Tenterfield drives waste-to-energy investigation

Chief executive Terry Dodds and the Tenterfield Shire Council are keen to spearhead investigations into converting shire waste into an energy resource to feed onto the power grid.
Chief executive Terry Dodds and the Tenterfield Shire Council are keen to spearhead investigations into converting shire waste into an energy resource to feed onto the power grid.

Tenterfield Shire Council chief executive Terry Dodds’ project to explore the potential to transform the shire’s waste into electricity to be fed onto the power grid is gaining traction, with other councils supportive in principle of the initiative that may also relieve their waste woes.

Mr Dodds introduced the project to the other New England Joint Organisation councils at the Uralla meeting on May 28, to a positive reception. Those councils (Moree Plains, Armidale Regional, Glen Innes Severn, Inverell, Uralla and Narrabri along with Tenterfield) are now being asked to back up that support with cash to fund a feasibility study. The study aims to discover if waste can be converted at a local or small scale, versus what is currently being done in other countries at a huge scale.

Eighteen councils in two states, two territories and an island along with Regional Development Australia –Northern Inland have also been asked to chip in $15,000 each, to create a potential pool of up to $270,000. Following would be an application to the Australian Renewable Energy Agency for dollar-for-dollar funding, to enlist the expertise to research the options becoming available and their viability for many council-based operations.

Federal member Barnaby Joyce and state members Thomas George and Adam Marshall have already indicated their support. NSW is one of the few states to have a policy statement on generating energy from waste, although the Tenterfield-led initiative would be the first time the technology is put into practice in Australia on a small scale, should the project prove viable.

As markets for recyclables dry up and existing landfills approach capacity, a waste-to-energy facility could address waste problems by turning them into a resource. Techniques for the thermal treatment of waste include burning, incineration, thermal oxidation, gasification, pyrolysis and plasma, according to the NSW Environmental Protection Agency, the body behind the NSW Energy from Waste Policy Statement.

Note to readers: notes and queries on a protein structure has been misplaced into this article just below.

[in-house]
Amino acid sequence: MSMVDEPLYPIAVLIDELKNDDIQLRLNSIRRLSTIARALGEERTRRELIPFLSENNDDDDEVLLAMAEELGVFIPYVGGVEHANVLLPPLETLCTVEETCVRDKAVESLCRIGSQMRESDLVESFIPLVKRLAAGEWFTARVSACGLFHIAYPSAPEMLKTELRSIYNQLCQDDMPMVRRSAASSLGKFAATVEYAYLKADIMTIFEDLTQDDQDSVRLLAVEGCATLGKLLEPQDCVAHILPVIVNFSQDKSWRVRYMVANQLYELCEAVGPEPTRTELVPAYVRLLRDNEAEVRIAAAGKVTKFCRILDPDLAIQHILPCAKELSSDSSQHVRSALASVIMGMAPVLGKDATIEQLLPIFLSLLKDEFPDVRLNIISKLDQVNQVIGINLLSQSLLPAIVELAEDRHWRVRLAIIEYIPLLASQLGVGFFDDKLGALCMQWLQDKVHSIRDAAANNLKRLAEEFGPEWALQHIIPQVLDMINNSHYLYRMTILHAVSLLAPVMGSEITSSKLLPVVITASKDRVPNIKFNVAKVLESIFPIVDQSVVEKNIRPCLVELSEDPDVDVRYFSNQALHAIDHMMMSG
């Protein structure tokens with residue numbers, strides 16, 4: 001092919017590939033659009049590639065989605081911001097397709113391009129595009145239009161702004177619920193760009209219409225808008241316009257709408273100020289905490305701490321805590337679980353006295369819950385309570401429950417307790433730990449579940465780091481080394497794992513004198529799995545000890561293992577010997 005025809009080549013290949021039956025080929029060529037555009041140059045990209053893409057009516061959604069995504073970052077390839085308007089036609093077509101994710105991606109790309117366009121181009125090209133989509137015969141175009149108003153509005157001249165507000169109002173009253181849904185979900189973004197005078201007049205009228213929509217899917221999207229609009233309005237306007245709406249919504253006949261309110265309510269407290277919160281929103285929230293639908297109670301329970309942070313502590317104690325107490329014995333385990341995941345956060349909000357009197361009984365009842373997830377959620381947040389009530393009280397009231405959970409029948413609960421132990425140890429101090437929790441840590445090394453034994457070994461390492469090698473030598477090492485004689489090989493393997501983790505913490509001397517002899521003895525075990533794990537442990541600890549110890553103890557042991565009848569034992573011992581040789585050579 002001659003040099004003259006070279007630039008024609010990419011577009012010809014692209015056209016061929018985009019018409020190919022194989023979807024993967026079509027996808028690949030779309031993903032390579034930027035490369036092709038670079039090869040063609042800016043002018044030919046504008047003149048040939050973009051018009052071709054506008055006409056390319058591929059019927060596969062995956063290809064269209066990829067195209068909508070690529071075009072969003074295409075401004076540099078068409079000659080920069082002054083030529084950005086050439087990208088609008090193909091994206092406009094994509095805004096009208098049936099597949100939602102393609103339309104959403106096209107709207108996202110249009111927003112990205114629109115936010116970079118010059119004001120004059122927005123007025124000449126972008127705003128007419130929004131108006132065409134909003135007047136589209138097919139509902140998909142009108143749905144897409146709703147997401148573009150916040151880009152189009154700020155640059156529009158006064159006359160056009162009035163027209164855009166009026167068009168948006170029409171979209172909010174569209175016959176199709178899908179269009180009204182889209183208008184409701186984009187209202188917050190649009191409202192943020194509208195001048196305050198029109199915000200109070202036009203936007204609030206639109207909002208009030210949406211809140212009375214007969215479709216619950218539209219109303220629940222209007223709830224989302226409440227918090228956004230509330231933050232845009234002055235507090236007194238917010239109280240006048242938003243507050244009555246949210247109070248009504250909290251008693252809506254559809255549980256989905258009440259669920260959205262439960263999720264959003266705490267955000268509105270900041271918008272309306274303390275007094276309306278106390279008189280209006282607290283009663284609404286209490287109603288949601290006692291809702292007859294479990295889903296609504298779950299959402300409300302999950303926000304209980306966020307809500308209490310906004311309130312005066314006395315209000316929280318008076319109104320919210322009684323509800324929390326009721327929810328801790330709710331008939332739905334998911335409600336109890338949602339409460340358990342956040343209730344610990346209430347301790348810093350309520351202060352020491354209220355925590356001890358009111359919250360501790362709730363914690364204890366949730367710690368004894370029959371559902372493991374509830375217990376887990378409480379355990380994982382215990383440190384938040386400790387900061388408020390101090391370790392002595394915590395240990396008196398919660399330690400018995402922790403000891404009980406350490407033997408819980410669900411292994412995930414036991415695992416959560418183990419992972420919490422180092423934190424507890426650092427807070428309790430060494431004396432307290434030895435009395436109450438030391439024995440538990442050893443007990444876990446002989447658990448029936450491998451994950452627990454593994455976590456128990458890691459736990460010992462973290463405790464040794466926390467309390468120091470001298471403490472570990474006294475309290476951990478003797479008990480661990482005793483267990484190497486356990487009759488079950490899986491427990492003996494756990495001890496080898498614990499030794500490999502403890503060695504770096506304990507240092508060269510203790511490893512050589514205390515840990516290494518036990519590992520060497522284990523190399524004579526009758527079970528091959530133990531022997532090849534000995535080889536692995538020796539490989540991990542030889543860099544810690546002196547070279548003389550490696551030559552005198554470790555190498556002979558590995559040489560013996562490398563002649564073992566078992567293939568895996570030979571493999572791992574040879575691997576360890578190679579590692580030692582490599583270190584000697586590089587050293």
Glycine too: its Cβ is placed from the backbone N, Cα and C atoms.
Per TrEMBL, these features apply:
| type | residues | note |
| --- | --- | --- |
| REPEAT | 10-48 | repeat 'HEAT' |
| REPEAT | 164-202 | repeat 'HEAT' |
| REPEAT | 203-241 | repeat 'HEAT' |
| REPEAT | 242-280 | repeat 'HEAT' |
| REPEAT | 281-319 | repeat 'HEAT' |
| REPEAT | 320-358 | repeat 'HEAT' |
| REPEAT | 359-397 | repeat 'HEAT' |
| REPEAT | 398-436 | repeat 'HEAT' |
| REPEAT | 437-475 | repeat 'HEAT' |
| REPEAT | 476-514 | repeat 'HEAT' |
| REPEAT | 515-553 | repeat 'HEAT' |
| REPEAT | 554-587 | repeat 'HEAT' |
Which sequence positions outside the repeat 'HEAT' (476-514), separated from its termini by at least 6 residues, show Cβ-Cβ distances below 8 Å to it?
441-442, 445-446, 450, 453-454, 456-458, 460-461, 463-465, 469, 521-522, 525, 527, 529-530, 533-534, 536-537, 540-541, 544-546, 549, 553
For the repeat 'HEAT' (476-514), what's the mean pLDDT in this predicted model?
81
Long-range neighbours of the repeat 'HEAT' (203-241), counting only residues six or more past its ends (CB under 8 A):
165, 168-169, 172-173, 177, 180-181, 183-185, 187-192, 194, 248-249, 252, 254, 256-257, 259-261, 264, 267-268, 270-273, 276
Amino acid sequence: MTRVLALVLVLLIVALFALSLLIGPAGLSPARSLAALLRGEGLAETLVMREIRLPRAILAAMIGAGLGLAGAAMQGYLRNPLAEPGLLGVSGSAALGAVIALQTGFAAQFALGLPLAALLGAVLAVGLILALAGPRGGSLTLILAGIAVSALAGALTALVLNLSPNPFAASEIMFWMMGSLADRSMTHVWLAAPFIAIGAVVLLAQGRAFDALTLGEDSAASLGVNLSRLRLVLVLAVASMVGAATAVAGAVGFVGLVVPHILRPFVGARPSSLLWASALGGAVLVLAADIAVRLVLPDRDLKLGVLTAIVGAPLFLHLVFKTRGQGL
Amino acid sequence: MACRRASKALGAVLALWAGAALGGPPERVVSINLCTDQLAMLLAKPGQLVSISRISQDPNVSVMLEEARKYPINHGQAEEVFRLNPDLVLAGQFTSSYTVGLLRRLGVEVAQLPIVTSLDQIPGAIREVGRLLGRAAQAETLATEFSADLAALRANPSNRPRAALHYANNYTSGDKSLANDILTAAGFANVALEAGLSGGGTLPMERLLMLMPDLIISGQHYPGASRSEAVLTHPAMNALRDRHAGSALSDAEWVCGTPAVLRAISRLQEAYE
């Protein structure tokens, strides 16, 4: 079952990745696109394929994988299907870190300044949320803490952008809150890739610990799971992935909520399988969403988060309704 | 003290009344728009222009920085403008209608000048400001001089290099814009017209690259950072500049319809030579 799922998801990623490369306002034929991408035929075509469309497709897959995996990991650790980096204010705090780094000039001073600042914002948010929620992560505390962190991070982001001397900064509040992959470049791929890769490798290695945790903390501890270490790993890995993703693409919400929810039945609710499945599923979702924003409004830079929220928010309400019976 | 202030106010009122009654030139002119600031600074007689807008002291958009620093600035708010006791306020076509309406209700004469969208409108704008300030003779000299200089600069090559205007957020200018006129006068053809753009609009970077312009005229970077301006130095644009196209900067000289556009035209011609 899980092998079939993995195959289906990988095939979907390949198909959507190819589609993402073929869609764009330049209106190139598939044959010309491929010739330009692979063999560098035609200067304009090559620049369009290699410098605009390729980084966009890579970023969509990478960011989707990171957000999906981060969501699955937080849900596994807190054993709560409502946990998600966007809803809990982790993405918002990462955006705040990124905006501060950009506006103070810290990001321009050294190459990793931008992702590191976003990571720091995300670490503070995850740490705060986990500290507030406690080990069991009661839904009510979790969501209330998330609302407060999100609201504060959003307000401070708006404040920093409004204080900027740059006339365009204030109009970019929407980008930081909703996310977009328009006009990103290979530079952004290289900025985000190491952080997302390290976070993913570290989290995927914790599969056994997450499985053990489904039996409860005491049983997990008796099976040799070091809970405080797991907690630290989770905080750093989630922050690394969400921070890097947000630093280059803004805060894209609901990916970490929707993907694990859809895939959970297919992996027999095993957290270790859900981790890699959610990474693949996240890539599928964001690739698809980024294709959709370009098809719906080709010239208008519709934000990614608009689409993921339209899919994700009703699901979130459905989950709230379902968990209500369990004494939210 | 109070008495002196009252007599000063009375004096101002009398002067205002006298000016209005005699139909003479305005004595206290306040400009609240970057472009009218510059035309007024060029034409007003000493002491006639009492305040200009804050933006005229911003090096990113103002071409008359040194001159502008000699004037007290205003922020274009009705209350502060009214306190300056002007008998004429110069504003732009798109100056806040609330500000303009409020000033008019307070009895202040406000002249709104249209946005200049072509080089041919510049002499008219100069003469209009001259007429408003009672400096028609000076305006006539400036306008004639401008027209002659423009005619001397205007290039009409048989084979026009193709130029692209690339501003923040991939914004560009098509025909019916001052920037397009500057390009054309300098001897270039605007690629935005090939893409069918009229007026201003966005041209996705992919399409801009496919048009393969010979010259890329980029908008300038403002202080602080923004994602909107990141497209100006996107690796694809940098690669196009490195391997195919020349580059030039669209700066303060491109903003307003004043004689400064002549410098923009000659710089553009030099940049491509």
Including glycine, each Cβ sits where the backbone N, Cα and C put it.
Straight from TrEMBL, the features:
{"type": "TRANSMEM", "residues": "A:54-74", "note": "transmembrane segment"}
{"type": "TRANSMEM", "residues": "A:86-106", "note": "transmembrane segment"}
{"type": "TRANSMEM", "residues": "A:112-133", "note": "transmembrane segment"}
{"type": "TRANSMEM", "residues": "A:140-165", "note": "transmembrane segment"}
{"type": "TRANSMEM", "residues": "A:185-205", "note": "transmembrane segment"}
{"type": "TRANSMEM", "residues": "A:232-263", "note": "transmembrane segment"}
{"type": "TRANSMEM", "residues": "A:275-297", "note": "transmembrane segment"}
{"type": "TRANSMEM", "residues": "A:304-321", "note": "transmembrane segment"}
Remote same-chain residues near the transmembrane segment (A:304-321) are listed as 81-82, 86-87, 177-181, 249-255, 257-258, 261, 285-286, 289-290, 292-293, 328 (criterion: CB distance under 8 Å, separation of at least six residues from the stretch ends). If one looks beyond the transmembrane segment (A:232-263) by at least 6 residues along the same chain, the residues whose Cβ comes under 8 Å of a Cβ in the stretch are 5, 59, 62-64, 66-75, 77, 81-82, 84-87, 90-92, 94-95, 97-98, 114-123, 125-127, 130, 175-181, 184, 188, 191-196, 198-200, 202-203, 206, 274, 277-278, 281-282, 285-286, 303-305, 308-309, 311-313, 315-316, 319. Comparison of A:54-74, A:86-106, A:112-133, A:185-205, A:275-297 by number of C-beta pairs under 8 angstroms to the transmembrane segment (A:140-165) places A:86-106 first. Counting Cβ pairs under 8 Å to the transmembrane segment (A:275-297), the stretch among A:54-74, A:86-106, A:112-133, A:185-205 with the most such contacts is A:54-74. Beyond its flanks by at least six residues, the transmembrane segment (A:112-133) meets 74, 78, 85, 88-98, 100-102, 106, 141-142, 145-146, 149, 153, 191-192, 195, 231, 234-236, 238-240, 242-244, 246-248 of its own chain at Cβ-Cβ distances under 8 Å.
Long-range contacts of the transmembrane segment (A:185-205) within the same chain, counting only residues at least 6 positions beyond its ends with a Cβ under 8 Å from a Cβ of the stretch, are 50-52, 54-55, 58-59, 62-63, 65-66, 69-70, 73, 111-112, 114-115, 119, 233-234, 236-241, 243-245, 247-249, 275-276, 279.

“The Environment Protection Authority (EPA) recognises that the recovery of energy and resources from the thermal processing of waste has the potential, as part of an integrated waste management strategy, to deliver positive outcomes for the community and the environment,” the statement said. 

“The thermal treatment of waste provides an opportunity to recover the embodied energy from waste, offset the use of non-renewable energy sources, and avoid methane emissions from landfill.”

Monitoring of any emissions and observance of ‘the good neighbour’ principle is enshrined in the policy, but Mr Dodds said any investigation needs to ensure that such a facility would have no negative impact on Tenterfield’s picturesque natural amenity.

He concedes that there will be an educational component to getting the community onside, as evidenced in reports of strident opposition to an ‘incinerator’ being built at Eastern Creek, Sydney earlier this year.

“To describe a Plasma Arc Gasification unit as an incinerator, because you’re old enough to remember your neighbours burning leaves in their besser block incinerator in the 60’s, is akin to describing the Voyager 1 spacecraft as a large aluminium can,” he said.

While the technical merits of the project are yet to be determined, Mr Dodds is taking a considered political approach to setting the groundwork to see the study progress. He has already met with federal minister for environment and energy’s senior advisor to Josh Frydenberg, to clarify that the feasibility study and its objectives would likely be well-received. 

Mr Dodds said his industry sources also confirm that small energy generation plants in the order of 250 kilowatt to one megawatt – such as a small council-based waste-to-energy plant – would be considered ideal extensions to the national electricity grid, as opposed to larger grid inputs, as the back flow would be more easily managed.

The wait is now on to see the response from the various councils as they consider the funding proposition through formal channels.

Tenterfield Mayor Peter Petty also presented the shire’s waste-to-energy proposition to the NSW Country Mayors’ Association meeting in Sydney on June 1, receiving unanimous support from about 80 mayors for the feasibility study. Mr Dodds has been invited to present a paper on the concept at the next meeting, in August.

Mr Dodds said this feasibility study is the most complex issue from a technical, environmental, legislative, logistical, and financial viewpoint imaginable.

“But the alternative is to keep hiding waste in ever-increasing holes hoping that it remains out of site and out of mind, which is an archaic and almost childish answer to an extremely complex issue.”